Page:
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From: email@example.com (Bill Sloman)
Subject: Re: digital voltmeter and ammeter
Date: 20 Jan 2003 00:34:49 -0800
References: <3E2AB7F8.firstname.lastname@example.org> <3E2ACBE3.email@example.com> <3E2AF137.firstname.lastname@example.org> <email@example.com> <3E2B345F.firstname.lastname@example.org>
NNTP-Posting-Date: 20 Jan 2003 08:34:49 GMT
Alex Graham wrote in message news:<3E2B345F.email@example.com>...
> lol well I just the MAX712 switch mode circuit. Will I have neighbours
> knocking on my door in protest now?
> so what do you mean by a filter?
The MAX712/MAX713 data sheet shows a 10uF electrolytic capacitor C3
across the battery in several of the circuit diagrams, most clearly on
page 16. This is half a filter, in that it provides an easy, local
by-pass for high frequency switching noise. The other half of the
filter is an inductor between the capacitor and the battery to add
extra impedance to inhibit high-frequency noise currents from going
through the battery or - God forbid! - the load.
Choosing the inductor is always tricky. I usually look through the
Farnell catalogue for the biggest inductor (highest inductance) that I
can afford/accomodate that will take the maximum current the source
can deliver, but if you know that a specific frequency is a problem
you just make sure that the inductive impedance of the inductor at the
frequency of interest is a good bit lower than the capacitative and
resistive impedance of the capacitor C3 at the same frequency.
If TV and radio interference is a real worry, you normally want to add
a "ferrite bead" or "ferrite chip" inductor in series with any wound
inductor - all wound inductors end up looking like capacitors at
sufficiently high frequencies (listed in their data sheets as their
"self resonant frequency") whereas as ferrite beads and chips are not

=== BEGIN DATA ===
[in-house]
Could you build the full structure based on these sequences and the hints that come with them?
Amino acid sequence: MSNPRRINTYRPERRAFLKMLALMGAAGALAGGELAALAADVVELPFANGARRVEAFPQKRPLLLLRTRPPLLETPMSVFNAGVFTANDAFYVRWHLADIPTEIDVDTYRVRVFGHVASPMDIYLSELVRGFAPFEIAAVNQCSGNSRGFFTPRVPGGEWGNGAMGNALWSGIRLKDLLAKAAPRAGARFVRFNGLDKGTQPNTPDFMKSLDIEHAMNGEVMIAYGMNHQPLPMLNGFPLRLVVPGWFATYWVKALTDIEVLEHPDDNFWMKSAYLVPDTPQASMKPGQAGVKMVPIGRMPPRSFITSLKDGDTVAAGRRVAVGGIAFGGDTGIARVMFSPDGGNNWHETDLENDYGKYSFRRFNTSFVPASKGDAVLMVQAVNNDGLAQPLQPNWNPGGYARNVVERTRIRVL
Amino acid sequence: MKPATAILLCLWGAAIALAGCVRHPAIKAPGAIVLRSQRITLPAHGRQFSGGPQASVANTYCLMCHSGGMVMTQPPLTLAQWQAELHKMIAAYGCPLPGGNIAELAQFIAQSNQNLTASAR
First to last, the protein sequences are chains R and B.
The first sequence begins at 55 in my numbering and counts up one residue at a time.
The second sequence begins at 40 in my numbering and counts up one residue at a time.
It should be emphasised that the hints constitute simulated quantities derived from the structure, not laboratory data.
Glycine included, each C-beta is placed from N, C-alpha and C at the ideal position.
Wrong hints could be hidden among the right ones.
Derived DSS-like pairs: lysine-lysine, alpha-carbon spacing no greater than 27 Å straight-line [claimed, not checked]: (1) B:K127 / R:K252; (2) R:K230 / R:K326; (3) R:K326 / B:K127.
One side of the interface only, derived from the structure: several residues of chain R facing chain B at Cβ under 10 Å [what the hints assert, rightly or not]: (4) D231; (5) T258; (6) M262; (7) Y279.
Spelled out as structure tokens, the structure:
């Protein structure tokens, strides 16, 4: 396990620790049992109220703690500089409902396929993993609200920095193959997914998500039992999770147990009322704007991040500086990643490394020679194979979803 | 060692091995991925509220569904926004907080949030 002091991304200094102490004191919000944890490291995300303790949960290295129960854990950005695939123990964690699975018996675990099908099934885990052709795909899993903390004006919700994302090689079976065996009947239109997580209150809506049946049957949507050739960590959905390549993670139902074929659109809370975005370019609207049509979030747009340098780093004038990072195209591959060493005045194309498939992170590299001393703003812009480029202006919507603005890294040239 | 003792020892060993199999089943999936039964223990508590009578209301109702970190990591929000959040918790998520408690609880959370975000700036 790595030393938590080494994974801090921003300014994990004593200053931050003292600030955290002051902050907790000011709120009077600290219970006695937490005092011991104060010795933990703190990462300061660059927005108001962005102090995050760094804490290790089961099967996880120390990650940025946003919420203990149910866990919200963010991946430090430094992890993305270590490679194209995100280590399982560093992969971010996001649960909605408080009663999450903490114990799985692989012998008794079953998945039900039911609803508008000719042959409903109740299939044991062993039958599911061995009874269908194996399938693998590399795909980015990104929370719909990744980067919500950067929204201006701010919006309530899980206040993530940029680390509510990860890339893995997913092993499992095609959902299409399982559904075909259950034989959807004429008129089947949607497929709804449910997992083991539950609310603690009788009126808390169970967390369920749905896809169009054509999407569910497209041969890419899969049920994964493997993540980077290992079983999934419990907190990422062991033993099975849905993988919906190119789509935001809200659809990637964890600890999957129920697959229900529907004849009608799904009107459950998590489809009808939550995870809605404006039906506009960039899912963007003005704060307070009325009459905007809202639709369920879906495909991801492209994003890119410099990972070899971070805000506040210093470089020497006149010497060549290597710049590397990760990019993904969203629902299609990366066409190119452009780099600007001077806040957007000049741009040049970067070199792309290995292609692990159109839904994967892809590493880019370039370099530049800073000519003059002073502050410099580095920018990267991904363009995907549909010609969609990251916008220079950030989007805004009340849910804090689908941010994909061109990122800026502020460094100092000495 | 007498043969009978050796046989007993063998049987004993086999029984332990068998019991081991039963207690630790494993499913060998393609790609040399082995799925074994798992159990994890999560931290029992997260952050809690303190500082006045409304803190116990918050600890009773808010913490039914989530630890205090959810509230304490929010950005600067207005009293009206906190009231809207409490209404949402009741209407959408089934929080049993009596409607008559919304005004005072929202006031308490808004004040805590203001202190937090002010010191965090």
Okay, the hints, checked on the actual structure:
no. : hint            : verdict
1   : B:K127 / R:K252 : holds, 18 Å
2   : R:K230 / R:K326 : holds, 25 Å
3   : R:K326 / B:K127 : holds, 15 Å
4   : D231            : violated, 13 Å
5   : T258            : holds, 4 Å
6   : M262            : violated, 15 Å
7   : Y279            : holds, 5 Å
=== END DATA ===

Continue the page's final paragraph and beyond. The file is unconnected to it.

wound inductors and are engineered to look like resistors at very high
For high frequency attentuation you also to put a high frequency
capacitor - typically a 100nF multilayer ceramic - in parallel with
your 10uF electrolytic.
You can buy electrolytic capacitors where the equivalent series
resistance is specified at 100kHz, but even these "high frequency"
parts, aimed at the switching power supply market, start looking like
resistors at around 100kHz and higher, while multilayer ceramic disks
look like capacitors up to of the order of 100MHz.
This is the simplest form of LC network - an L-section filter. Check
the resonant frequency of the LC pair, and the reactive impedance of
the L and the C at resonance (it has to be the same) and make sure
that the resistive impedance involved is bigger, so that any resonance
is damped - most electrolytic capacitors do this for you, but every
now and again I have to add a low value resistor in series with the
A text-book on filter design will take you through progressively more
complicated structures, and exponentially more complicated mathematics
- there are good textbooks on the subject, but it is essentially
specialised post-graduate stuff.
Hope this helps. Doing filters and by-passing right is complicated,
and most of us get by with very rough rules of thumb.
Bill Sloman, Nijmegen
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